Hydrology - Water Resources Report 30

Ground-Water Resources of Richland County, South Carolina

Roy Newcome, Jr.


Richland County, in central South Carolina, obtains nearly all of its public and industrial water supplies from the City of Columbia water system, which processes 62 million gallons per day from the Broad River at Columbia and Lake Murray on the Saluda River just west of the city.

The Fall Line, on which Columbia is located, divides the county's physiography and hydrogeology into two parts. The northwestern third is in the Piedmont, with its igneous and metamorphic bedrock exposed; and the remainder is in the Coastal Plain, which comprises sand-and-clay formations. Ground-water availability and quality in the two areas are greatly different.

In the bedrock area, water wells generally are several hundred feet deep and have low yields, commonly less than 10 gallons per minute. The water is usually alkaline, moderate in total mineralization, and hard. In contrast, wells in the Coastal Plain aquifers are capable of much larger yields-depending on location, as much as 2,000 gallons per minute. The water is acidic, extremely low in mineral content, and has almost no hardness; it frequently is within the range of rainwater's chemical quality.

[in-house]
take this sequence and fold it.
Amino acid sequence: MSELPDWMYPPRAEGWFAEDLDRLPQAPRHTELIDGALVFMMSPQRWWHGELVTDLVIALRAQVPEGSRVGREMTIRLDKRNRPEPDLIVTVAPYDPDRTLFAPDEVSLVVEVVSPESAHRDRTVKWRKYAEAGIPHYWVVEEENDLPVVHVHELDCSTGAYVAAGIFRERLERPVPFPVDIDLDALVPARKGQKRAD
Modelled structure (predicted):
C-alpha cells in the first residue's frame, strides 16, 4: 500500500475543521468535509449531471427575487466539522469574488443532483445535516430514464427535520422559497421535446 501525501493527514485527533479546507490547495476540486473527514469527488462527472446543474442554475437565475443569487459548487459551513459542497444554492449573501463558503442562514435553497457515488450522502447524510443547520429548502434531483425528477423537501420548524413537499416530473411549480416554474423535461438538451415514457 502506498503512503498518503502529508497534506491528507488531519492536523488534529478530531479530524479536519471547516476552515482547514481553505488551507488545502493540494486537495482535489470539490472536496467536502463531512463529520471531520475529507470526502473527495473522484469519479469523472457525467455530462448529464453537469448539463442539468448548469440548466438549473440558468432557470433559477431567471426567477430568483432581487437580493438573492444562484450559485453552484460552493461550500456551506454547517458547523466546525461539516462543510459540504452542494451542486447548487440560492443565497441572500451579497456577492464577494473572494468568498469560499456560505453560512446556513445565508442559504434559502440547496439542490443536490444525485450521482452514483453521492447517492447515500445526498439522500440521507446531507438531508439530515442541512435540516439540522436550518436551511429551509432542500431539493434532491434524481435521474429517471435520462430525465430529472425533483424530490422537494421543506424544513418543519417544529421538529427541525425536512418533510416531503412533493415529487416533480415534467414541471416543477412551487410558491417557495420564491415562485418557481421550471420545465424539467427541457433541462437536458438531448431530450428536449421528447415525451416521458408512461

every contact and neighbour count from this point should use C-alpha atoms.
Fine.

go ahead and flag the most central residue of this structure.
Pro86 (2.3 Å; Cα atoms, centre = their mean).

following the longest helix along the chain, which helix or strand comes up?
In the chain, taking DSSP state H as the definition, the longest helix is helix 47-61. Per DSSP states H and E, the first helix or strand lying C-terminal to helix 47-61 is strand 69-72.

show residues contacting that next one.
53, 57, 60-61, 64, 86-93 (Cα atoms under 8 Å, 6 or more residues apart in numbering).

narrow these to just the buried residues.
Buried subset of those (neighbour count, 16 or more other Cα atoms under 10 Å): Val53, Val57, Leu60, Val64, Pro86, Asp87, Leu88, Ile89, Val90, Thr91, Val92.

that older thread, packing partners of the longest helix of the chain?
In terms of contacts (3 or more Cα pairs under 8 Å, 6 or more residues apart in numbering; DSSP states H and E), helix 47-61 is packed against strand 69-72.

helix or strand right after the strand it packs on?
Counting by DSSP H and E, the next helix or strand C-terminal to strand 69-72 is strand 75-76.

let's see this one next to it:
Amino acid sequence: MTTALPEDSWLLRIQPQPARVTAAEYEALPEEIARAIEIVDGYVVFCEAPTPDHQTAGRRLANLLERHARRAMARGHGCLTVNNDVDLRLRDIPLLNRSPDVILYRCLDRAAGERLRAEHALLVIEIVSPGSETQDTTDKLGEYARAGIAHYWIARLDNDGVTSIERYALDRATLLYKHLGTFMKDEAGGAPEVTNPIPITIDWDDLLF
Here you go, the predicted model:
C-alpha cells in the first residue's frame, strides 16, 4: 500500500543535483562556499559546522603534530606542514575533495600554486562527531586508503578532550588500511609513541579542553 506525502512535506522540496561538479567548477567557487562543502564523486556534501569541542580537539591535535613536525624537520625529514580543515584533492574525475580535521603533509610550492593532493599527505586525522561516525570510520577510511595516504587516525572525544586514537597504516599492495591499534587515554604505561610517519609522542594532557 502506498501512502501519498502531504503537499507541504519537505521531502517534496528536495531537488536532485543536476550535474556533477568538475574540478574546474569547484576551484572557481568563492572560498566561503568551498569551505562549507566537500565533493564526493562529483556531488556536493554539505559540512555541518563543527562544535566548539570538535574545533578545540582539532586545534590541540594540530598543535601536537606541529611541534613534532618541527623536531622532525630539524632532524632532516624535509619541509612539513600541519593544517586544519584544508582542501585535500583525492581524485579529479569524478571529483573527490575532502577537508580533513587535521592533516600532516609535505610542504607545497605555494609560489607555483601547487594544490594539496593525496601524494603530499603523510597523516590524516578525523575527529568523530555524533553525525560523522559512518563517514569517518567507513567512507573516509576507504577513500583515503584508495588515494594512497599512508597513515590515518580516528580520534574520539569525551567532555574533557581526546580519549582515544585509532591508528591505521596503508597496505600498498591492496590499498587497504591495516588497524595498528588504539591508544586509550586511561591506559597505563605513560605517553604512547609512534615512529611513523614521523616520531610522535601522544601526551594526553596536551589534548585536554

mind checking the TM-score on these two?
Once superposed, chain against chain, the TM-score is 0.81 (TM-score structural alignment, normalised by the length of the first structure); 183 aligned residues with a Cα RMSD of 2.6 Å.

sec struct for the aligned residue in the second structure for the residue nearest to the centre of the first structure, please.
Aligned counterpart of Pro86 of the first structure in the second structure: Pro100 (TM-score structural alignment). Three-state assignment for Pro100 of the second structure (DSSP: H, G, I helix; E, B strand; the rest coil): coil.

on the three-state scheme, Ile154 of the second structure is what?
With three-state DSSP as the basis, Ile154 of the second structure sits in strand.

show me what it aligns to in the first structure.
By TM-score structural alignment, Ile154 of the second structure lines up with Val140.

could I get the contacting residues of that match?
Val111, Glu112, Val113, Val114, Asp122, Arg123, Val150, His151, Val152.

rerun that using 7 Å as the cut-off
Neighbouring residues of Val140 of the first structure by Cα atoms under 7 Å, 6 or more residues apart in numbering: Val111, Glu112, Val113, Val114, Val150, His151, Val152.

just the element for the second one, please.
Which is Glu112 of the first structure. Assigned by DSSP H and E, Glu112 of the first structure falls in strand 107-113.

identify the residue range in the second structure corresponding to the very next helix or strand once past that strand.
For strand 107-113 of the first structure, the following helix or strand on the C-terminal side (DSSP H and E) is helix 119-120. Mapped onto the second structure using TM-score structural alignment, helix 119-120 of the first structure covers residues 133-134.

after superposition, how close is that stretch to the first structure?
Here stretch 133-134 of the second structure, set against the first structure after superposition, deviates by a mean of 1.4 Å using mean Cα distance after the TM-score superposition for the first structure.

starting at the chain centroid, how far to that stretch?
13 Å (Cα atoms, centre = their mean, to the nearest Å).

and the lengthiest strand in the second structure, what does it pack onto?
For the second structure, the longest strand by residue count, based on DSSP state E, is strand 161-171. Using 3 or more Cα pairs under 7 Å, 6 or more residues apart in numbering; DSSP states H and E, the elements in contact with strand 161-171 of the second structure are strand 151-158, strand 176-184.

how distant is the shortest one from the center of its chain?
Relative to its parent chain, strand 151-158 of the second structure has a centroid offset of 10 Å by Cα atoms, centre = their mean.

Wells in the bedrock are widely used for domestic water supplies in the northwestern part of Richland County. Of more than 900 wells drilled in the county in the years 2001-02, one-third were bedrock wells.

Wells in the Coastal Plain sediments are used for domestic and small-irrigation supplies and, in the southern end of the county, for industrial supplies. In the Eastover area, several large industrial and farm-irrigation wells pump 2,000 gallons per minute or more. The county, below the Fall Line, has considerable additional ground-water supply potential. Its development is somewhat restricted, in places, by exceedingly deep water levels that reduce the drawdown available to wells in certain aquifer zones.

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Paper or electronic versions of this report are available from the SCDNR's Columbia office.